Mar 9th, 2009 by Chris Morrow

Groovin’ High: Drumming in the Real World


How One Drummer in Chicago Pays the Rent…

The other day while visiting a Sam Ash to replace some gear I ran into an old co-worker of mine Jim. It seems I’m always replacing one thing or another on my drum set. Anyway Jim had hired me to work for Guitar Center when I was 21, just out of college and living on my own for the first time and he was the manager of that particular location. He came up and as usual when meeting old acquaintances, asked where I was working and what I was up to. It was with quite a bit of satisfaction that I told him I was working for myself. I can still hardly believe it every time I say it even though it’s been 4 successful (at least by my way of thinking) years. Don’t get me wrong I worked for that G.C. for just over 2 years and I loved it. I’ll always be grateful that he took a chance on a clueless kid with no sales experience and a music performance degree. Now Jim was working for the rival music store. Anyway the next question Jim asked was as predictable as the first, Jim said “Really, he said so you make enough money to do that? How?” I gave him the only answer I know.

I Live by the Art of Diversity

In all my experiences with other musicians of all types, it never ceases to amaze me how few musicians really understand or apply the advice of becoming diverse. In today’s economic climate musicians should be ready to exploit every possible opportunity. If you want more gigs, then you better be ready to say yes to whatever might come along. In the last three months, I’ve played Jazz, Blues, Rock, Fusion and Punk gigs. And that’s only three months. In the last 2 years, I could add Heavy Metal, Country, Gospel and Latin/World music to that list. I know it’s easy for musicians to focus on a handful of styles they like, everyone does it naturally, but if you consider your professional career, then it pays (literally) to look beyond to find work opportunities.

You Have Better be Ready to do Your Home Work

Of course, if you want to sustain a career playing a lot of different styles then you need to learn them and well. You’d better be ready to put in all the necessary time practicing and studying. Find a good teacher, crack a book or watch an instructional video. All the information is out there, you just need to take the time to find it and absorb it.

So How Does One Become Diversified?

It might be a good idea to start with styles that are close to your heart. Start with different genres that commonly get mixed with the ones you like. For example, if you’re a Rock drummer at heart, then you could get in to Punk, Blues or Country. Those styles have a lot in common from a drummers stand point. On a Country gig, you’ll play Blues tunes naturally because so many Country tunes are built on Blues structures. If you like the heavier side of Rock, then start exploring Metal and its off shoot styles. Blues musicians could make the transition to R&B easily. We know all these styles crossover in pop music all the time, there’s no law against working musicians crossing over either.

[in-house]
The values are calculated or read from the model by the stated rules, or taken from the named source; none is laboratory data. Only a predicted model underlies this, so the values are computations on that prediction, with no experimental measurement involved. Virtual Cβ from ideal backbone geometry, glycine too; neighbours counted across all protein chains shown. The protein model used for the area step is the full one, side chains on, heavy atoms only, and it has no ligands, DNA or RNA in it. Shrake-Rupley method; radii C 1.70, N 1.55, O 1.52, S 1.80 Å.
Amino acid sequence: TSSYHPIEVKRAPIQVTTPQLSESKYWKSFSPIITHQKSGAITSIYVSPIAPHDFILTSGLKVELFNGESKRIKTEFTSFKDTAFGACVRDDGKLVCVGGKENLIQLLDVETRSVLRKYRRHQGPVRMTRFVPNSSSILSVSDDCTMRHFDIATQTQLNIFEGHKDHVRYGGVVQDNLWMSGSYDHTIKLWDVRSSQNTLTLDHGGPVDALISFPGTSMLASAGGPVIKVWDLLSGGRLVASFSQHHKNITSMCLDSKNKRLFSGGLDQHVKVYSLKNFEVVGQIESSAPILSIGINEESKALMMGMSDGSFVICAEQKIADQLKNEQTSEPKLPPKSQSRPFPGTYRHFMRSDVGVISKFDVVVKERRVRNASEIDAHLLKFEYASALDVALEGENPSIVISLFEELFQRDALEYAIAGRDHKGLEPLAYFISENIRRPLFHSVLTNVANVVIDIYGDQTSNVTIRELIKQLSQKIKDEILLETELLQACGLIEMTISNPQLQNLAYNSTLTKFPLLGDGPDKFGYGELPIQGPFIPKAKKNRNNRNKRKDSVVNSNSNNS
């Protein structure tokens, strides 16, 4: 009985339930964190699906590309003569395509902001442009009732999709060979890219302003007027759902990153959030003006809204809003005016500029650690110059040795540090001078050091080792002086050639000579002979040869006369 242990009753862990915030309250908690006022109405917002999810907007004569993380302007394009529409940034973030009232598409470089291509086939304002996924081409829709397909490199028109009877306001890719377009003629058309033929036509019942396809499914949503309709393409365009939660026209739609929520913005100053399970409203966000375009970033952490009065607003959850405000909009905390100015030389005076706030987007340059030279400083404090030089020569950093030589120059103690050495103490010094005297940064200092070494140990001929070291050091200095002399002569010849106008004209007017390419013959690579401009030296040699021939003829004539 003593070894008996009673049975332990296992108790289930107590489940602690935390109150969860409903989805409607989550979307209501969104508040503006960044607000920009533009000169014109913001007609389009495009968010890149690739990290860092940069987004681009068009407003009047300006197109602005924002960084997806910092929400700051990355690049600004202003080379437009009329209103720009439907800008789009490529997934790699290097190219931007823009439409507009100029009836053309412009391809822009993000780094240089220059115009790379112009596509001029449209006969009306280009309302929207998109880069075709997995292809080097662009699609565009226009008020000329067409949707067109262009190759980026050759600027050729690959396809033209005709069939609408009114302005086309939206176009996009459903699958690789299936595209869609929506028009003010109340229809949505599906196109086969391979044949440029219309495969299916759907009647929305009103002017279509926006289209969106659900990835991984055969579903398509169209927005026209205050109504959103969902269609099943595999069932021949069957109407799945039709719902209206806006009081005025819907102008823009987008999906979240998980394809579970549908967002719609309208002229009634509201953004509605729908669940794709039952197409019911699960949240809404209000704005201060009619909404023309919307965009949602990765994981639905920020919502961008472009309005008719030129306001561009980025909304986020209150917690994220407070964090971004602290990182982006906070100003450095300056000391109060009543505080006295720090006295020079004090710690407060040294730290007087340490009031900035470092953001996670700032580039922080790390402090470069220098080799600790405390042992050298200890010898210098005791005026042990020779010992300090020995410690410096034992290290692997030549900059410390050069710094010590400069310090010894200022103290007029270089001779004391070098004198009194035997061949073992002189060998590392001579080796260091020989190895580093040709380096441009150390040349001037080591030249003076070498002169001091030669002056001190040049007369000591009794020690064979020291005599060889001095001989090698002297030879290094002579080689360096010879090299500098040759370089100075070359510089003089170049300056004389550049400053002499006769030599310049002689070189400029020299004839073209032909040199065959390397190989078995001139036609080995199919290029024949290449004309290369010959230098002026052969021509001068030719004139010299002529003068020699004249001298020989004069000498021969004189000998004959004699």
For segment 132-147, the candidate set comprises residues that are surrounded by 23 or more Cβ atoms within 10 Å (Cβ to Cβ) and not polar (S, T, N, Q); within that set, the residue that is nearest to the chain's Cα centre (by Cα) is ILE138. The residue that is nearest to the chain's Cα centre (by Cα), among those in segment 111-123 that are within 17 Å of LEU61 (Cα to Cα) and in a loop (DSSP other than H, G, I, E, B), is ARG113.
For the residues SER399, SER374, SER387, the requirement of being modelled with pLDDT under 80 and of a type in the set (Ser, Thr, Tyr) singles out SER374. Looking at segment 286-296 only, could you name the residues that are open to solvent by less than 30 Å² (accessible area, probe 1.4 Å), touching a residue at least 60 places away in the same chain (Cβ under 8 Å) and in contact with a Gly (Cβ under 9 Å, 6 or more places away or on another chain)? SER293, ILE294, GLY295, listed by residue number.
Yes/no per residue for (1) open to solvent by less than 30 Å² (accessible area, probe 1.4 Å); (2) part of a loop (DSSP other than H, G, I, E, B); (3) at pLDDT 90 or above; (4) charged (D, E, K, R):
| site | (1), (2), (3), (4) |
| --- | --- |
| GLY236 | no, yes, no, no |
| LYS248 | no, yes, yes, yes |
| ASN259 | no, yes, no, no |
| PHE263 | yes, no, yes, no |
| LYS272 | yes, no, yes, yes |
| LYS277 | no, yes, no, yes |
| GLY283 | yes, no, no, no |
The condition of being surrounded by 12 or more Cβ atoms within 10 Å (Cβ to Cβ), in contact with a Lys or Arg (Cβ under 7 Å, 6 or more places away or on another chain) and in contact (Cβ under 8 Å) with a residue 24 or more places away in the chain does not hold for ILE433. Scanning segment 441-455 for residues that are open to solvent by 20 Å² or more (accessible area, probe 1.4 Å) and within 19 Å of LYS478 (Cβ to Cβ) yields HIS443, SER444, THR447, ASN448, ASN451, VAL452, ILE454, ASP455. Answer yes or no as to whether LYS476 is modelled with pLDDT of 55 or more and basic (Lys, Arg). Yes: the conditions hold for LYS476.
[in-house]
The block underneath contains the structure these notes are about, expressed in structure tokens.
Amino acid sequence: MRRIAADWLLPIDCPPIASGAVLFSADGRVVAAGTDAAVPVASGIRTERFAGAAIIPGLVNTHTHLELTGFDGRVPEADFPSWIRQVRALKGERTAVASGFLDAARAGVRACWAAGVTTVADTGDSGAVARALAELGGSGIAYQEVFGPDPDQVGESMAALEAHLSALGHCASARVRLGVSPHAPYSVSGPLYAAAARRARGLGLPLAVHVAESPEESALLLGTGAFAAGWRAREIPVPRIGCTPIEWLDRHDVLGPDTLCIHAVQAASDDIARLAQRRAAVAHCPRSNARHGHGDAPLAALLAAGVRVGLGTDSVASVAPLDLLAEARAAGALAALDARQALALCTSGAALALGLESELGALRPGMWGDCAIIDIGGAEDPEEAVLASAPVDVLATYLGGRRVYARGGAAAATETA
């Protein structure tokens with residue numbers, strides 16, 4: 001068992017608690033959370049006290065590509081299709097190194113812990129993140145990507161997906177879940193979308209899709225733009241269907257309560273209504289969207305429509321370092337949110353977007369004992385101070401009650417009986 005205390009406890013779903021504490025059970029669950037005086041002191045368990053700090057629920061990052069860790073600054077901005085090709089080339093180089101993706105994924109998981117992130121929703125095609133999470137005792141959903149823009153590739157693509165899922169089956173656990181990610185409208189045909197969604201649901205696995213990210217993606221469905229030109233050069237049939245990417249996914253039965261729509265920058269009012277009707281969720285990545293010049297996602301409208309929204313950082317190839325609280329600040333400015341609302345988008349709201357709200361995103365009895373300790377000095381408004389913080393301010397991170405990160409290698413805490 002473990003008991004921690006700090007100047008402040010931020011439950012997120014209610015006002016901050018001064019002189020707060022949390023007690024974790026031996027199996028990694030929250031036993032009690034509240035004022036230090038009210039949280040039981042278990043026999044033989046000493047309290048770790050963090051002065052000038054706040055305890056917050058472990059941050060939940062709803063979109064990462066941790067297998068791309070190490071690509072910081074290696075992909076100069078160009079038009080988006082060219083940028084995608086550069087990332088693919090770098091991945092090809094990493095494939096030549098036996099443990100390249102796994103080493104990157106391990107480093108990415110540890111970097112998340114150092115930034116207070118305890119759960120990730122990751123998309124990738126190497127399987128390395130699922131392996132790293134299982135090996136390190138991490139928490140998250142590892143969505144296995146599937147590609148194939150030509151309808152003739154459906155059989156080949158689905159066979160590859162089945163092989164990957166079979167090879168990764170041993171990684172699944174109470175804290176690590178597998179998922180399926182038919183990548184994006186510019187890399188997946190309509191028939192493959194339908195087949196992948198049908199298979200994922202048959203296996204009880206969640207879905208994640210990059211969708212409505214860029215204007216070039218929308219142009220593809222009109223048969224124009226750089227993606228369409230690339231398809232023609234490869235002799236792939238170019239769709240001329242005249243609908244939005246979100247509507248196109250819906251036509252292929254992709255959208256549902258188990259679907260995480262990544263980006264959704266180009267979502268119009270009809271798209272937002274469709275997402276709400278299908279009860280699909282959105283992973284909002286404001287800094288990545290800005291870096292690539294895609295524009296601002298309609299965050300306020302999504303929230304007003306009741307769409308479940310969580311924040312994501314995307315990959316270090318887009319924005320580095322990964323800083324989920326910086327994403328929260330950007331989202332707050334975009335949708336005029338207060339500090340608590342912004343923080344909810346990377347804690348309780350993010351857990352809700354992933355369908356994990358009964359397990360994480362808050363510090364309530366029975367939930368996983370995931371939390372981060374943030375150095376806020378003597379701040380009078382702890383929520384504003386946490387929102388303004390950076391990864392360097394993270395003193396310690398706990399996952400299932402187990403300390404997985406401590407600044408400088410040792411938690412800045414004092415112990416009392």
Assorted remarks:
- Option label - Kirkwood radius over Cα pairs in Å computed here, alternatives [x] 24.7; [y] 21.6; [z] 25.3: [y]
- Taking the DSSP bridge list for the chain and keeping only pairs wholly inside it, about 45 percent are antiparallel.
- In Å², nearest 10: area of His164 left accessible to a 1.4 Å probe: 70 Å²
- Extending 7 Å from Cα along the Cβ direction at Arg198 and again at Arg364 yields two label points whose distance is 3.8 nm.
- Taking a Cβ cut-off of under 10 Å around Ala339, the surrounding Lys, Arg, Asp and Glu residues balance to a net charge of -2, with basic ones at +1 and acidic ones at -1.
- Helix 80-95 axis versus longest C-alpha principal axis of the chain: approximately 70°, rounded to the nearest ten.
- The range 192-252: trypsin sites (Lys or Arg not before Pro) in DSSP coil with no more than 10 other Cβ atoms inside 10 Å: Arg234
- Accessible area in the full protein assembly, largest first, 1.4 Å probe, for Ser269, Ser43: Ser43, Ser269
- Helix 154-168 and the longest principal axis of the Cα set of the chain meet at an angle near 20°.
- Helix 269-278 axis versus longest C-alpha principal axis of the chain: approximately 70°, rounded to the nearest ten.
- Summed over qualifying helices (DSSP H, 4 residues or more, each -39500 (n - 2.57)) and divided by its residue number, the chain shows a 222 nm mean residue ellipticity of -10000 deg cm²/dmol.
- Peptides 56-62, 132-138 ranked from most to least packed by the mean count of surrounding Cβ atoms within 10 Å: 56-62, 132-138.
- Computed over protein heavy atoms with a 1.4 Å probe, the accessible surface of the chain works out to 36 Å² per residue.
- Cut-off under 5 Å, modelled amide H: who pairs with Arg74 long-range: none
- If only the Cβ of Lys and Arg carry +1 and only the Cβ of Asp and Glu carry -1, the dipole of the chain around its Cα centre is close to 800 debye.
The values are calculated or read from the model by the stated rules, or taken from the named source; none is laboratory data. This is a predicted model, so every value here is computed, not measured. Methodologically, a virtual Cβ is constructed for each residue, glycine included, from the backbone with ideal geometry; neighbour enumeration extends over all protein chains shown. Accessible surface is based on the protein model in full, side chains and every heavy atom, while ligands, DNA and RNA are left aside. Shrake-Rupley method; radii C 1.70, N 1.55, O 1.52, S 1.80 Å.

Get Your Name Out There Too!!

Blogging and Internet Marketing are great ways to get the word out about who you are and it can make you some money too. You also have to let go of the notion that you should stick to one style and just play no no matter the style. I’d offer it for your consideration that a lot of the great players we admire cross genre lines all the time. I also think a lot of the greatest players like Hendrix, Clapton, Miles Davis, Coltrane, Dizzy Gillespie were great because they ignored genres. Herbie Hancocks Grammy winning album “River: the Joni Letters” is a brilliant mix of Jazz and Folk Rock.

So What Else Can a Chicago Musician do?

Studio sessions have been a steady source of work for me. But the studio scene has changed a lot. Nowadays musicians do a lot of home and internet-based recording. This means that you could set up your own studio through your computer and trade files online. This requires knowledge of DAW’s and studio hardware. If you have knowledge of many styles, then the number of sessions and musicians you can record with multiplies.

Giving Music Lessons is Always Another Answer.

Finally, I do a lot of teaching. This is another area that benefits form being diverse. If you know a lot of styles, then you can teach a wide variety of students. For example, if you know Jazz, then you can get into teaching students in school jazz programs. The best thing I can say to anyone who is going for a career in music is this: don’t say no to anything unless it’s obviously a waste of time. You’ll be surprised at what you’ll find, who’ll you’ll meet and what you’ll learn. A lot of this diatribe right now has to do with your skills and your mindset to applying those skills. There are other skills you need to make a living playing an instrument: Good networking skills to get yourself in touch with people that want to hire you, good people skills to interact with those you do gig with so you get called back and an open mind to be ready for anything. Let’s get into that later. Till then, keep groovin’ and I’ll see ya out there.

Written by: Chris Morrow

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